A “Press and Go” Thin Biofuel Cell Patch for Power Generation
Biofuel cells are devices that generate portable electrical power, typically from glucose, alcohols or related biofuels, by using enzymatic anodes and cathodes. We report on the performance of membrane- and mediator-free enzymatic glucose biofuel cells (BFCs) fabricated in a sandwiched, patch geometry with carbon nanotube nanopaper bio-electrodes prepared using a compression technique to immobilize the enzymes. A gel electrolyte comprised of agar mixed with glucose is sandwiched between the two bio-electrodes to form a patch. Power densities up to 111.90 μW/cm2 at a current density of 334.50 μA/cm2 at a voltage of 0.335 V were obtained for a typical single cell BFC of this design. The sandwich BFC also showed good stability with a half-life of about 1.5 days under continuous operation. The relatively high power density for this new design is attributed to the compression-induced immobilization of the enzymes by the nanotubes as indicated by scanning electron microscope images. This compression-induced immobilization of enzymes provides improved direct electron transfer at the carbon nanotube electrodes.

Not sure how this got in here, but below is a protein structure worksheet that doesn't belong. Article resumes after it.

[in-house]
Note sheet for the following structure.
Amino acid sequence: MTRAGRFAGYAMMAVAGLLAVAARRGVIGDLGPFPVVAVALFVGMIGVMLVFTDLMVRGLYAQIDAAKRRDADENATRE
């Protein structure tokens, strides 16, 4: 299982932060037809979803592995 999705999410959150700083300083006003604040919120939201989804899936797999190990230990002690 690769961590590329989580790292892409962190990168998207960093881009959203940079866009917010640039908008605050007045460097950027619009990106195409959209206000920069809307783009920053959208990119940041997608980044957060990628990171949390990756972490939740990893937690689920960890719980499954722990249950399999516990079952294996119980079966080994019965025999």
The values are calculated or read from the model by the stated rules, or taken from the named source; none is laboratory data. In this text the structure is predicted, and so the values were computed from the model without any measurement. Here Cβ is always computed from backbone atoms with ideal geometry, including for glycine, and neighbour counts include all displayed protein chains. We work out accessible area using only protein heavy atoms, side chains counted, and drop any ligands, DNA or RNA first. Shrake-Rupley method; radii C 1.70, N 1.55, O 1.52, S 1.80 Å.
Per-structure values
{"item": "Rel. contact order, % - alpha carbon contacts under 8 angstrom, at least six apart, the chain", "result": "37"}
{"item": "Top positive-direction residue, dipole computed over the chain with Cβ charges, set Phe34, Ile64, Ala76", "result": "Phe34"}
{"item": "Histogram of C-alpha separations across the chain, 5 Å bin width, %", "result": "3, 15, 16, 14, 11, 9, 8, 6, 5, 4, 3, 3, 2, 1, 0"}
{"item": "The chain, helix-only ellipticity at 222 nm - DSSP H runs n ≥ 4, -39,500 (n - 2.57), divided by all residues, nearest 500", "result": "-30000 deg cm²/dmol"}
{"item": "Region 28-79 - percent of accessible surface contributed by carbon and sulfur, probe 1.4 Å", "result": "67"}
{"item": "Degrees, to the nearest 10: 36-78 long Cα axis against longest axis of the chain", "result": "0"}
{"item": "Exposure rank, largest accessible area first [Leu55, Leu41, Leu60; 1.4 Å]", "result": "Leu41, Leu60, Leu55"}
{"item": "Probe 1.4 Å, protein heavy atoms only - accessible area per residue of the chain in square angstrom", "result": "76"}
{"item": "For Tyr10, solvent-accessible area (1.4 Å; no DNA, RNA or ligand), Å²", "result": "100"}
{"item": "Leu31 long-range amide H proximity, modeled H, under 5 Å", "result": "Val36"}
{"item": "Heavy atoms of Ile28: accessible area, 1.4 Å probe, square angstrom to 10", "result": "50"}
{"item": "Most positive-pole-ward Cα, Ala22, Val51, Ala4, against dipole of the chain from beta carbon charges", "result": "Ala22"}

Biao Leng thanks the Interdisciplinary Program in Materials Science and Engineering at the New Jersey Institute of Technology for the financial support.
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